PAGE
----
Say this about Mike Dunbar: He thought the spread offense was cool before all of the kids wanted a ride. No, Dunbar isn't Bill Walsh reincarnate, but his teams score a lot and college football coaches have taken note.
Dunbar came to Northwestern in 2001, a year after the 'Cats tied for a share of the Big Ten Title. In 2002, Dunbar took control of the offense. The 'Cats weren't able to go bowling, but it wasn't for a lack of moving the football. By 2004, Dunbar had the Big Ten's perennial bottom-feeder ranked 29th nationally in total offense (409.5 yards per game). Last year, after being lured out of Northwestern by Cal coach Jeff Tedford, Dunbar put together the Pac 10's top-ranked scoring offense at 32.8 points per game, while putting up more than 400 yards per game again.
Need more proof Dunbar knows offense? After serving as offensive coordinator at Toledo, Dunbar was promoted to assistant head coach in 1995. The MAC squad ended the season ranked nationally and set 21 offensive school records, according to Northwestern University.
You can argue, though I think Urban Meyer and exceptional talent had something to do with it, that Northwestern's spread offense laid the blueprint for the defending national champs.
"When we started in 2000, there were three or four teams using it," NU offensive coordinator Mike Dunbar said. "Now everybody's got some element of it." ...
There are innovators in football, but plagiarists work just as well.
When coaches see something they want to apply to their offense, they go straight to the source to see how it works. ... Florida coach Urban Meyer and Bowling Green coach Gregg Brandon both attended NU's spring practices to learn its offense. The pair coached Bowling Green at the time with Meyer as head coach and Brandon as one of his assistants.
"They came, spent two or three days and they got everything we have," [Northwestern's head coach said at the time]. "We gave them our offense.
But Dunbar's resume is not without a blemish. His stint in Cali was too brief not to over look. Tedford and Dunbar said all of the right things when Brewster brought the spread guru to Minnesota, but the numbers and press clipings suggest Tedford and Dunbar couldn't make their philosophies mesh. While the Golden Bears had the top offense in the Pac 10, the offense sputtered down the stretch, according to the Oakland Tribune.
The Bears bogged down offensively down the stretch. In the final three regular-season games against Arizona, USC and Stanford, the Bears scored a combined three offensive touchdowns.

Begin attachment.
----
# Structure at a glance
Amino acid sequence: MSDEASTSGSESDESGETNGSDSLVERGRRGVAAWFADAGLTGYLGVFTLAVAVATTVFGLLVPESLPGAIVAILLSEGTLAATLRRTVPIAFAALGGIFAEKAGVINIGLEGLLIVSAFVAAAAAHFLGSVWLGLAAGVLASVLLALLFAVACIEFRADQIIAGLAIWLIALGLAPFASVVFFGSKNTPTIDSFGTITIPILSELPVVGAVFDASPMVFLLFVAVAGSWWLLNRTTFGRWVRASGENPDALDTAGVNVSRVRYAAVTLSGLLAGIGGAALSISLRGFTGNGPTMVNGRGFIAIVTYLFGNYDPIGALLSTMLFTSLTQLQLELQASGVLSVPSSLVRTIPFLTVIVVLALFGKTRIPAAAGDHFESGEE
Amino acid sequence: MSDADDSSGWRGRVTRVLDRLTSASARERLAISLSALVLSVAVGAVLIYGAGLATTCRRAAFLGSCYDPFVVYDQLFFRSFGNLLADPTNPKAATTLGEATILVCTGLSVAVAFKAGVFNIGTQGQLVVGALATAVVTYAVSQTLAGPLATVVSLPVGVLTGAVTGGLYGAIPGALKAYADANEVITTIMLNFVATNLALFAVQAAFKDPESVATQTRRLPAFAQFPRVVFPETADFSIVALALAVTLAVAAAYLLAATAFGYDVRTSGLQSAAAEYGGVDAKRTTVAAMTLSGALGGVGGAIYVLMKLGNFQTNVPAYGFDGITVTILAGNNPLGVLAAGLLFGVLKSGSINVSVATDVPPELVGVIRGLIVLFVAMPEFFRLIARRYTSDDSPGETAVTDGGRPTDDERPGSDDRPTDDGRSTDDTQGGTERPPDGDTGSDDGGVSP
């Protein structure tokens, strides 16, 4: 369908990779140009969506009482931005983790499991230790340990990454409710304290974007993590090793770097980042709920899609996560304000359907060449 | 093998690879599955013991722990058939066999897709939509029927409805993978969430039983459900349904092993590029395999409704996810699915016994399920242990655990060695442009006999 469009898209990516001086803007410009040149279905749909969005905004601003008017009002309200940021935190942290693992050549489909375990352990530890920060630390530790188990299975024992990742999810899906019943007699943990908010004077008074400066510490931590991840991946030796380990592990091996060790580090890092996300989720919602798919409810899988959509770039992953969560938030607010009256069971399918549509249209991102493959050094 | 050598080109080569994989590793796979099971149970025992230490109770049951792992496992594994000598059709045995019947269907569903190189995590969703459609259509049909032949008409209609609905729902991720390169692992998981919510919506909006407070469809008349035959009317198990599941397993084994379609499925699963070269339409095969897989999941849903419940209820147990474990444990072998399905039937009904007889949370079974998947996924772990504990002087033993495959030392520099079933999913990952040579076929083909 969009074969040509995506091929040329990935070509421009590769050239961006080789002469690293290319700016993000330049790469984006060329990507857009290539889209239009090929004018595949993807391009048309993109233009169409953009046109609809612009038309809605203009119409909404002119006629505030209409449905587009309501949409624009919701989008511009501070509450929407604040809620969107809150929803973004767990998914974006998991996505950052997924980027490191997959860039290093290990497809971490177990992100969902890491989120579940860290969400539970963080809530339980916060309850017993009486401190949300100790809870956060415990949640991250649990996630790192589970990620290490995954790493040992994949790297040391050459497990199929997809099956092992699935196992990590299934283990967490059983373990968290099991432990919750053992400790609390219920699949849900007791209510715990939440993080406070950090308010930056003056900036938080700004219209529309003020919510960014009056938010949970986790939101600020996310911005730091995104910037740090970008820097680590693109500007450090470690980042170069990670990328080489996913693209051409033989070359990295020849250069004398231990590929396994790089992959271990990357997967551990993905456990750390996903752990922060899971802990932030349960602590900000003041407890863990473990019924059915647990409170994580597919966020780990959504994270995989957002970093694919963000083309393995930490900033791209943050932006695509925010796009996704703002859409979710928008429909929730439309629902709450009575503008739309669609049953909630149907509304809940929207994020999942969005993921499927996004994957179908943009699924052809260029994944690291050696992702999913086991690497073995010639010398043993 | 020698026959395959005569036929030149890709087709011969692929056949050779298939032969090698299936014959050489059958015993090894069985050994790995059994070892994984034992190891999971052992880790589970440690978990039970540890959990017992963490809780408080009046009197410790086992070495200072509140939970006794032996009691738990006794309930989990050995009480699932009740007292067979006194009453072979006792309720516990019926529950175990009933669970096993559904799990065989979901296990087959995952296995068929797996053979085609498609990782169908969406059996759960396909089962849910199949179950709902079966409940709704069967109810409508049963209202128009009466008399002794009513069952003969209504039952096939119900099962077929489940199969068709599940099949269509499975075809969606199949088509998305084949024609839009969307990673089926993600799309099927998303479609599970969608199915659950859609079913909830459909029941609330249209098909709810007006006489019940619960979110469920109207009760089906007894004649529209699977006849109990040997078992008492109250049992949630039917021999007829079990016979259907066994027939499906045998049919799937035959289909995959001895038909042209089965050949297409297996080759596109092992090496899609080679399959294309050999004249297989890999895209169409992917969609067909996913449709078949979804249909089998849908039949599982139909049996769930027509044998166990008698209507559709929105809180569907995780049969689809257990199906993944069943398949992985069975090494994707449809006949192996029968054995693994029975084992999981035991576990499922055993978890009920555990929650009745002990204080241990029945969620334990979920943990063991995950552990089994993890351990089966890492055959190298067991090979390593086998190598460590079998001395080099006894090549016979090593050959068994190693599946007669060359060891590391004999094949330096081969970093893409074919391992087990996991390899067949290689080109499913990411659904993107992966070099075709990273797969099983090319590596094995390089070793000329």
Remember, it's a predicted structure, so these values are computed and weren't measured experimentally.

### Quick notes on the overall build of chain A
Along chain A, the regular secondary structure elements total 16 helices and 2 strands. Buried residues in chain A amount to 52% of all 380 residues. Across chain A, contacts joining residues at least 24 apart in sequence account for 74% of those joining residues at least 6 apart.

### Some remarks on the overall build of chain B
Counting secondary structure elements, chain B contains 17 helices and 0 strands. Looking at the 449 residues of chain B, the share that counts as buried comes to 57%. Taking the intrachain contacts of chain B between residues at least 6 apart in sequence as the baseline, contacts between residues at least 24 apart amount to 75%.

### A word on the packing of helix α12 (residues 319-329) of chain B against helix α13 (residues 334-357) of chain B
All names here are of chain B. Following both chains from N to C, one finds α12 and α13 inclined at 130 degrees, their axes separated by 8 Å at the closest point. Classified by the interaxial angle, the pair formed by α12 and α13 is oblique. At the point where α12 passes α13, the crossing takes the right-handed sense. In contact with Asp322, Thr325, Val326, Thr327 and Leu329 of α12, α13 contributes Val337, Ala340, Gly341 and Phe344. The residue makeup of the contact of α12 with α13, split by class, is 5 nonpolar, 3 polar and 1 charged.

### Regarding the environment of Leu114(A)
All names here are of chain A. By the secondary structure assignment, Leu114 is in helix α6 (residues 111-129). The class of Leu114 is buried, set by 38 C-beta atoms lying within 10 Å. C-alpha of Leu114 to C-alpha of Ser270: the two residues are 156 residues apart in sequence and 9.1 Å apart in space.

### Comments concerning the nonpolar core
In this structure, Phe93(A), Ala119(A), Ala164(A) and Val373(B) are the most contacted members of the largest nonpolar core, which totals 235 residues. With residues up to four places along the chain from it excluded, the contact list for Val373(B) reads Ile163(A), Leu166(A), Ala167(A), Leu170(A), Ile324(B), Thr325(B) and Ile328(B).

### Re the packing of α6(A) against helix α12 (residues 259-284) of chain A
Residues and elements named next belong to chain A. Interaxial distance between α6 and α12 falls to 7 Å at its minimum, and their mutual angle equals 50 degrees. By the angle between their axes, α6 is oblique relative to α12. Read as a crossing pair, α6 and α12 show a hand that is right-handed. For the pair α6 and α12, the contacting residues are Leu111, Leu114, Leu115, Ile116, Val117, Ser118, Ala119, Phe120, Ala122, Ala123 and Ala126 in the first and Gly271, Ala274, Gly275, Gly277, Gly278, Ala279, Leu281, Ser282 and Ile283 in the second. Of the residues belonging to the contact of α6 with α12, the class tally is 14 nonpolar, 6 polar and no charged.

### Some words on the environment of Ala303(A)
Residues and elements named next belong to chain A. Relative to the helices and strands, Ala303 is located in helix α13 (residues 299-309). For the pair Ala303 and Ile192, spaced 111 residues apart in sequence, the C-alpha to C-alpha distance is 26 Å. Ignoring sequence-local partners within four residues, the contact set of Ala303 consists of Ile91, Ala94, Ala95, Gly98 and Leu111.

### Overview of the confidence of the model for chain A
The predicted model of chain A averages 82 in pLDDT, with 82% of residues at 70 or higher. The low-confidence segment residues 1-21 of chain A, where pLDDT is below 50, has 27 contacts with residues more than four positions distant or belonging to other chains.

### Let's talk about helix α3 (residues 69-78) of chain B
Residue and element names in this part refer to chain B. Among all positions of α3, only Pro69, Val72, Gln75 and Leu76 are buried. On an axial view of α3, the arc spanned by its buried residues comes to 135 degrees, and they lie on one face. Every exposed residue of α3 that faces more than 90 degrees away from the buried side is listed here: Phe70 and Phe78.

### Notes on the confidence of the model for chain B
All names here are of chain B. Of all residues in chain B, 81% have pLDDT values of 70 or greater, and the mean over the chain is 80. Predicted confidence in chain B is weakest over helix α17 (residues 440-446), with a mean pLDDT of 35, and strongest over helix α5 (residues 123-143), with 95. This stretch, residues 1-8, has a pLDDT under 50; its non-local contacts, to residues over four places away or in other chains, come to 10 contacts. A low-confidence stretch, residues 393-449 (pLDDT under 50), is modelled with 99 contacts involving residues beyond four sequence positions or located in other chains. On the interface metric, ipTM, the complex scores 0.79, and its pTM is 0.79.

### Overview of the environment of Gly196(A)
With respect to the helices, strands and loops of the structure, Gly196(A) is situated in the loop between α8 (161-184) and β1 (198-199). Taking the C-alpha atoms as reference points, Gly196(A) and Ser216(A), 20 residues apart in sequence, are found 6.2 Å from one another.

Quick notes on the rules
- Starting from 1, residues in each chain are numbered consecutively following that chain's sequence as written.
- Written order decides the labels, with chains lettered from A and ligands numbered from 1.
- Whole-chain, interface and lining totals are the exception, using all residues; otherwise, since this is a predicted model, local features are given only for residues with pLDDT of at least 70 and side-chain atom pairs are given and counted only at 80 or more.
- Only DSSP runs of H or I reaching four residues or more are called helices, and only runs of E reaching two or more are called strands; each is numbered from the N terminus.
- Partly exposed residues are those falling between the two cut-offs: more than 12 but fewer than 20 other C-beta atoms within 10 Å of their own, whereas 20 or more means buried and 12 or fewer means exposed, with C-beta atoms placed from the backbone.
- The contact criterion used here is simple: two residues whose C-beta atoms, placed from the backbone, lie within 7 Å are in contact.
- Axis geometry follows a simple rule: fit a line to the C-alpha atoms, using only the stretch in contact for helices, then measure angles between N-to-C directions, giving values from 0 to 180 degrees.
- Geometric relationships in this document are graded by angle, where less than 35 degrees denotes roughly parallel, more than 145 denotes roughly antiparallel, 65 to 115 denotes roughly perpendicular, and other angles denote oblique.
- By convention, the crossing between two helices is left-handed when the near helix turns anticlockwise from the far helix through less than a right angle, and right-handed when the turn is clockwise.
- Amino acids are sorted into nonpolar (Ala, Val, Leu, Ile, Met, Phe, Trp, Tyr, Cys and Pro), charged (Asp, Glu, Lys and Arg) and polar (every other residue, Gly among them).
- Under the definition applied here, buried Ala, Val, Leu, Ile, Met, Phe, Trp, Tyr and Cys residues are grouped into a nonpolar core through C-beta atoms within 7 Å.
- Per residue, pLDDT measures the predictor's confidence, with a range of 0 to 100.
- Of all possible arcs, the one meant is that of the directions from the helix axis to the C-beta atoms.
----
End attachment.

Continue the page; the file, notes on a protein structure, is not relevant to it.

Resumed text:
The sluggish offense seemed to be a byproduct of two diverging styles. While it was widely reported that Tedford brought in Dunbar to add another element to his more traditional offense, in the end, the two coaches couldn't see completely eye-to-eye. "Our goal was to meld the two concepts and not to be solely a spread team," Tedford told the Oakland Tribune. "I think he is of the mind to be 100 percent in the spread. He has had a lot of success doing that." Tedford liked the spread, but wasn't in love with it like Dunbar. Tedford continued:
"We're always going to have some aspect of two backs, with tight ends involved," he said. "I liked what we were doing with the spread, and we're going to continue to do some. But we're never going to do it every down."
This should tell Golden Gopher fans a couple things. First, should Brewster do as he has suggested, and relinquish all play calling to Dunbar, the Gophers should eventually be a high-powered offense. But it won't be anything like your Glen Mason, run it down your throat offenses. The tight end productivity that has helped the Gophers should fall by the wayside. Dunbar won't abandon the run, not even close, but he'll accomplish running yards by spreading the defense across the 53-yard-wide field. The Gophers won't play smash mouth, they'll explot mismatches with slower linebackers.
That all sounds splendid, if Dunbar's Golden Gophers had the personnel to make it happen. Leaving out the troublesome quarterback position, which will be addressed in depth, probably ad nauseum in the future, the Gophers have shockingly poor depth at wide receiver, perhaps the position most important to make Dunbar's spread offense thrive. USA Today's 2007 Gopher preview noticed the same thing.
Perhaps the greater challenge for new offensive coordinator Mike Dunbar, whose 2005 Northwestern offense averaged 500.3 yards per game, is rounding up enough receivers to run the spread. There are plenty of question marks after Ernie Wheelwright and Eric Decker.
Question marks is being kind. While Decker reportedly impressed during the team's spring game, both he and Wheelwright caught just 26 balls last season. Logan Payne and Matt Spaeth led the team in receptions with 59 and 47 respectivley. The rest of the receiving corps, include JUCO transfer Marc Cheatham, Lakeville sophmore Andy Metz, Plainview Junior Michael Kasten, sophomore Ben Kuznia, sophomore Mike Chambers and Rochester native Marcus Sherels. Incoming freshman Tray Herndon and Shane Potter don't project as immediate impact players.
Aside from Wheelright and Decker, Gopher receivers caught 19 balls last season--all of them landing in the hands of Chambers.
Gopher fans may come to appreciate Mike Dunbar's spread offense, but these Gophers are built for Glen Mason-style stuff-it-down-your-throat football.
All of this will be a moot point, however, when some kid named Michael Floyd decides to don maroon and gold.
This was the first in five--maybe six depending on if Tubby ever hires a recruiting coordinator/dir. of basketball operations--profiles of new Gopher assistant coaches. Coming soon: Defensive Coordinator Everett Winters and hoops assistants Ron Jirsa, Vince Taylor and some guy named Saul Smith.